I HAVE been reading Matilde Urrutia’s memoirs of her life with Pablo Neruda. At one level it’s a saga of passion for the woman Neruda loved and who inspired much of his poetry.
In other ways Urrutia vividly but in simple prose captures the dreams the iconic Chilean poet dreamt to liberate his people from poverty and injustice that stalked them perennially.
She was by his side during his life in exile. She was with him when he died unexpectedly in an unfriendly hospital in Santiago less than a fortnight after a CIA-backed coup killed the Chilean president and Neruda’s friend Salvador Allende on Sept 11, 1973.
On Monday, they exhumed Neruda’s body to see if the leftist poet who admired Cuba and global revolutions (a possible reason he mistrusted Nehru) was murdered by the US-backed Chilean regime of Augusto Pinochet.
I am sure there is no conscious link in the disinterring of Neruda’s remains and the publication of the latest WikiLeaks documents the same day, but both events in their separate ways may help throw fresh light on what was possibly the most criminal phase in US foreign policy, the 1970s.
The Kissinger Cables, published this week by Julian Assange, can be summed up in Henry Kissinger’s bone-chilling words that flowed from the diplomat’s unparalleled clout in Washington DC: “The illegal we do immediately; the unconstitutional takes a little longer.”
Exhuming Neruda’s body and publishing Kissinger’s missives reflect a ceaseless need to keep an eye on the past. “He who controls the past controls the future, and he who controls the present controls the past,” Assange said on Monday, quoting from George Orwell’s novel 1984.
“You could say that the [US] government cannot be trusted with these documents,” a WikiLeaks spokesperson said.
Neruda was clearly one among countless victims of right-wing dictatorships inflicted on Latin America by American policies dictated by Kissinger from 1969 to 1976. Initially, it was thought the poet had succumbed to prostate cancer. Two years ago, his communist party-sponsored bodyguard and driver, Manuel Araya suggested that the Pinochet regime eliminated Neruda to avoid the possibility that he would become a renowned voice of dissent.
There is an inaccuracy in Araya’s account that needs to be corrected. He claims Neruda was making preparations for exile in Mexico, when doctors injected the poet with a substance, after which his health rapidly deteriorated. Urrutia, who published her secret memoirs in 1986, was emphatic that Neruda had chosen to stay on in Chile whatever the threats to his life.
Urrutia says that Neruda’s driver had mysteriously disappeared a day or two before the poet died. She heard he was subsequently tortured but there was nothing in her narrative about what became of the driver whose absence she felt strongly in coping with grief and logistics involving Neruda’s burial initially in Santiago.
The investigating judge originally doubted Araya’s claim but his inquiry over the past two years is said to have uncovered sufficient evidence to order the exhumation.
Among the evidence are reports said to be from the pro-Pinochet El Mercurio newspaper the day after Neruda’s death, referring to an injection he was administered. The official death certificate said an advanced and incurable cancer led to malnutrition and wasting away.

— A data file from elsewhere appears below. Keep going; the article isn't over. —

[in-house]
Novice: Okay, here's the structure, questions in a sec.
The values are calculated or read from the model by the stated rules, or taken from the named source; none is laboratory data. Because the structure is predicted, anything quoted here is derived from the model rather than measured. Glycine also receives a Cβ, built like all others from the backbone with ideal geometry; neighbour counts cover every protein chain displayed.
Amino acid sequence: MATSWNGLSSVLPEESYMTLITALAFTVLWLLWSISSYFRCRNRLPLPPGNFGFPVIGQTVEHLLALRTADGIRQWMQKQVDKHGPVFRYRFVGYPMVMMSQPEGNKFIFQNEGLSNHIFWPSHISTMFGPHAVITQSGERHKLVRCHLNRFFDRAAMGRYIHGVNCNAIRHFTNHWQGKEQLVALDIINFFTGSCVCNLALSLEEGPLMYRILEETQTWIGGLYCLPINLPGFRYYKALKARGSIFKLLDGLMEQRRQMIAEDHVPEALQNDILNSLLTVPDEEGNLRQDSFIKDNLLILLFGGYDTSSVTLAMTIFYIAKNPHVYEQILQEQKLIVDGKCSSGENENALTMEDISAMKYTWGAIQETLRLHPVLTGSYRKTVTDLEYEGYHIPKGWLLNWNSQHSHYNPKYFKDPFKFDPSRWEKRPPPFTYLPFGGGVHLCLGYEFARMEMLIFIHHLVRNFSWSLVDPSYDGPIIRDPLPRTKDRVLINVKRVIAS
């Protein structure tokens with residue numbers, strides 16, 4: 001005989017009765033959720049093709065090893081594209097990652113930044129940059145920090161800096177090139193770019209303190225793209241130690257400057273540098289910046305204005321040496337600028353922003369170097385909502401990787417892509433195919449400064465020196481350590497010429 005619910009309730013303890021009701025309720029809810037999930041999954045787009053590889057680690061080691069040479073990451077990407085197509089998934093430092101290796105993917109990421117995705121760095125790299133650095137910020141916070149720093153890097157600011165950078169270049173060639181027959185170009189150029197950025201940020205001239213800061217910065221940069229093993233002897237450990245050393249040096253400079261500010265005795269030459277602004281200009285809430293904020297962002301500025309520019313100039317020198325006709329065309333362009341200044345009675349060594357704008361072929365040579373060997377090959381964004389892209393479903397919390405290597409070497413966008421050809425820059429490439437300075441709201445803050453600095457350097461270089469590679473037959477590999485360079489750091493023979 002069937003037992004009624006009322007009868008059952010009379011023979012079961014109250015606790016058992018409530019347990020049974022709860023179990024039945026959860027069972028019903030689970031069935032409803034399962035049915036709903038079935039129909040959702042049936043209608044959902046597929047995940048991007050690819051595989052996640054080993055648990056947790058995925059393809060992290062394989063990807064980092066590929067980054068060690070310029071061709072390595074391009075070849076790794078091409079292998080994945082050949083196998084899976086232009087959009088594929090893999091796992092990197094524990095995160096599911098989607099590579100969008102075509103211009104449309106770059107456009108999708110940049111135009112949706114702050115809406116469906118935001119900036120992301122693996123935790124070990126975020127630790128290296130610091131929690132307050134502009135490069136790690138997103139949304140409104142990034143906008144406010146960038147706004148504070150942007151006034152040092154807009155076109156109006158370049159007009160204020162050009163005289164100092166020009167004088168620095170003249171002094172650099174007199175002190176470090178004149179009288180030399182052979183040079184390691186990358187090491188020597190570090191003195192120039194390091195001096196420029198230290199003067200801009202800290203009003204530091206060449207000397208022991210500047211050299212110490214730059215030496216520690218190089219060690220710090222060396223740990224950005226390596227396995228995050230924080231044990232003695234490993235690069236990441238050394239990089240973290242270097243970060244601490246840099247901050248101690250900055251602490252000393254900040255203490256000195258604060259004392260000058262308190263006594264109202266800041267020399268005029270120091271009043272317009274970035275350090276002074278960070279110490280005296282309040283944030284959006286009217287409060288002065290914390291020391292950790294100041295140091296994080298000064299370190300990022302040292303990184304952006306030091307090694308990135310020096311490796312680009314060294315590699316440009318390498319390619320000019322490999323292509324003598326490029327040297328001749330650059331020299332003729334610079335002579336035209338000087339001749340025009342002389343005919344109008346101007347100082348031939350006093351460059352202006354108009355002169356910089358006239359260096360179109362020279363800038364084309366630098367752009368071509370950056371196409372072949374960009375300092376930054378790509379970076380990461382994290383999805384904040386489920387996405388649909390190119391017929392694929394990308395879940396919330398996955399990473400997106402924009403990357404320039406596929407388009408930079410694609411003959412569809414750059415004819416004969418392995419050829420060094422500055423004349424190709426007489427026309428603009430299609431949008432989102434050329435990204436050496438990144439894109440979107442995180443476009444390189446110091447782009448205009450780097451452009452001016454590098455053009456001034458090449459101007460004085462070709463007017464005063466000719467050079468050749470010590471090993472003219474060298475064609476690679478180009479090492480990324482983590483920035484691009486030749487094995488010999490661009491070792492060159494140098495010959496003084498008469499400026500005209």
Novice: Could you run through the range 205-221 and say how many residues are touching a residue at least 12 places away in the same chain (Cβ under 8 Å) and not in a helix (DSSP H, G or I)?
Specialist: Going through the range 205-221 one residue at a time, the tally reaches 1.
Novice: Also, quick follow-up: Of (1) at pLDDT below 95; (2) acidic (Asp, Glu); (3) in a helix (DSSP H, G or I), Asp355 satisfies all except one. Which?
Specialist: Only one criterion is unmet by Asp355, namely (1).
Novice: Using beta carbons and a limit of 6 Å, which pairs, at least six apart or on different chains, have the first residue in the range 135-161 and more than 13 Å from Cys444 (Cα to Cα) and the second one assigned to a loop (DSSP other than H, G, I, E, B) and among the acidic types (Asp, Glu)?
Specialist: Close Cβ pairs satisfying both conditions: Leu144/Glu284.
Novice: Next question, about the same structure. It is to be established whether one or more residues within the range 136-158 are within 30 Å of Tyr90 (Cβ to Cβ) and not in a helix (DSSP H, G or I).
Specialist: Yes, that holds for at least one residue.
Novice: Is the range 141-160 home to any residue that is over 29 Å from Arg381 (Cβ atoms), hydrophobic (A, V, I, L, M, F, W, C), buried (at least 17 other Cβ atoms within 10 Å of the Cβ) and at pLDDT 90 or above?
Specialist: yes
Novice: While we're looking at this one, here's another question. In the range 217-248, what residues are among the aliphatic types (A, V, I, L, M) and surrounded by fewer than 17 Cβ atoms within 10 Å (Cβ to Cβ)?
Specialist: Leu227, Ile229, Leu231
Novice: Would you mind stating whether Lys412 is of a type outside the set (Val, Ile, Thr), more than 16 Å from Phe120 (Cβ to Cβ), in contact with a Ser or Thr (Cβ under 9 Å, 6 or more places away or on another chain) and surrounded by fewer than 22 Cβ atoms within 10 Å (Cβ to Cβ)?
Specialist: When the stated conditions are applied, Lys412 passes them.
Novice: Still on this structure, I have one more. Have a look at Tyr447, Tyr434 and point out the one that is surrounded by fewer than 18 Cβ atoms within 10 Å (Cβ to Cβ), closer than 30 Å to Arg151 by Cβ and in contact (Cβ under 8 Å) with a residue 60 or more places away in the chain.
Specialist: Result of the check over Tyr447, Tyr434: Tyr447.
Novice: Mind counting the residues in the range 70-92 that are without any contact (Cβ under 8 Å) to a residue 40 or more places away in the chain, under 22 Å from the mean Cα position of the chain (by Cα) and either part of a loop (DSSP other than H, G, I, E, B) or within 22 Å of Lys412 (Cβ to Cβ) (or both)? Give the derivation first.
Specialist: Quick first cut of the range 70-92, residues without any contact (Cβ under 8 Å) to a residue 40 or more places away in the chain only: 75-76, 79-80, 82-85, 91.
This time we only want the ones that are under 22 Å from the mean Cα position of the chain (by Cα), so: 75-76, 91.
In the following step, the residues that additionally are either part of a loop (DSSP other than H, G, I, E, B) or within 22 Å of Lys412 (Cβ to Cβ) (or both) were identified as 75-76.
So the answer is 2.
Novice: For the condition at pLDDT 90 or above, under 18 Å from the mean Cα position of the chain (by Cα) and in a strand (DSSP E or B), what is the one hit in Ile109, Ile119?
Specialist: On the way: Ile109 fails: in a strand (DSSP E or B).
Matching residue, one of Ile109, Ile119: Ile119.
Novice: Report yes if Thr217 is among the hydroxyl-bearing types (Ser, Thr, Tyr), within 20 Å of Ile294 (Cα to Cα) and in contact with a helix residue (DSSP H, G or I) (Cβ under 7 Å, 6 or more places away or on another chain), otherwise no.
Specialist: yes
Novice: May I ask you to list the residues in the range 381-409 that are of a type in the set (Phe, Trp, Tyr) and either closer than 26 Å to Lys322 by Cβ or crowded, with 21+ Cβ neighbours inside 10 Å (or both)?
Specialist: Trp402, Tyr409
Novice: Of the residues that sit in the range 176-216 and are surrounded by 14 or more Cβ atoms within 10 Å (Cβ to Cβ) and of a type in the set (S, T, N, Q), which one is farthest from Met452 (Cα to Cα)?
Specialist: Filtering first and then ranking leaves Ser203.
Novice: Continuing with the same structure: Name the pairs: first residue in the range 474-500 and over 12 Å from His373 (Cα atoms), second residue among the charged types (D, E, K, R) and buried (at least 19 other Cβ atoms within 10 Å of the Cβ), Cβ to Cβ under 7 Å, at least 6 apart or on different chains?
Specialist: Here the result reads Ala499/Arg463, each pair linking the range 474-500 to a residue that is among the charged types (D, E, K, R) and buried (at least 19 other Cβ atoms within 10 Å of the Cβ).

It is strange that Araya’s speculative claim has been cited to exhume the body. Urrutia gave a clearly more authentic account of the circumstances of Neruda’s death over two decades ago. Her description of that harrowing and desperate moment is worth sharing.
Neruda had fever shortly after the coup. He was taken from his fabled seaside home in Isla Negra to the Santa Maria Clinic in Santiago. Among the first friends to arrive at the clinic was the Mexican ambassador. President Echeverria had offered to send a plane to transport the couple to Mexico. Neruda would have none of that. “I will not leave Chile. My fate is here. This is our country and my place,” the poet protested.
Urrutia kept news of the bloody mayhem in Chile from Neruda. When he found out he exploded. “They are killing people. They bring in mutilated bodies. The morgue is full of dead bodies. Hundreds of people line up to reclaim them. How can you not know what happened to Victor Jara?” Neruda chided Matilde Urrutia, remembering their friend and popular leftist folk singer. “He is one of the mutilated. They destroyed his hands.”
An “indifferent” nurse gave Neruda a tranquilliser injection. It helped him sleep. But he never woke up again. “It is September 23,” Urrutia records. “Here in this hospital we [his sister and her friend] three sad and silent women sit. My eyes do not leave Pablo. Suddenly, I see him grow a little agitated. ‘Oh good,’ I think, ‘he is going to wake up.’ I stand up. A tremor passes through his body, contorting his face. I draw close to him. He is dead. He has never recovered consciousness. He has slept the entire day before his death.”
Urrutia was the inspiration behind two of Neruda’s most famous works — The Captain’s Verses and One Hundred Love Sonnets. She quotes from one of the poems he devoted to her:
“And now walking by my side/you see that life goes with me/ and that death is behind us./ Now you can’t go back to dancing/ in your silk dress in the ballroom./ You’ll wear out your shoes,/ but you’ll grow on the march./ You have to walk on thorns/ leaving little drops of blood./ Kiss me again, beloved./ Clean the gun comrade.”
While probing if Pinochet killed Neruda (what else do fascists do?) it would be also purposeful perhaps to see if Monday’s events — the exhumation of his body and the publication of the Kissinger Cables — could revive a bit of Pablo Neruda’s fearless spirit which he shared with the world to fight injustice everywhere.
The writer is Dawn’s correspondent in Delhi.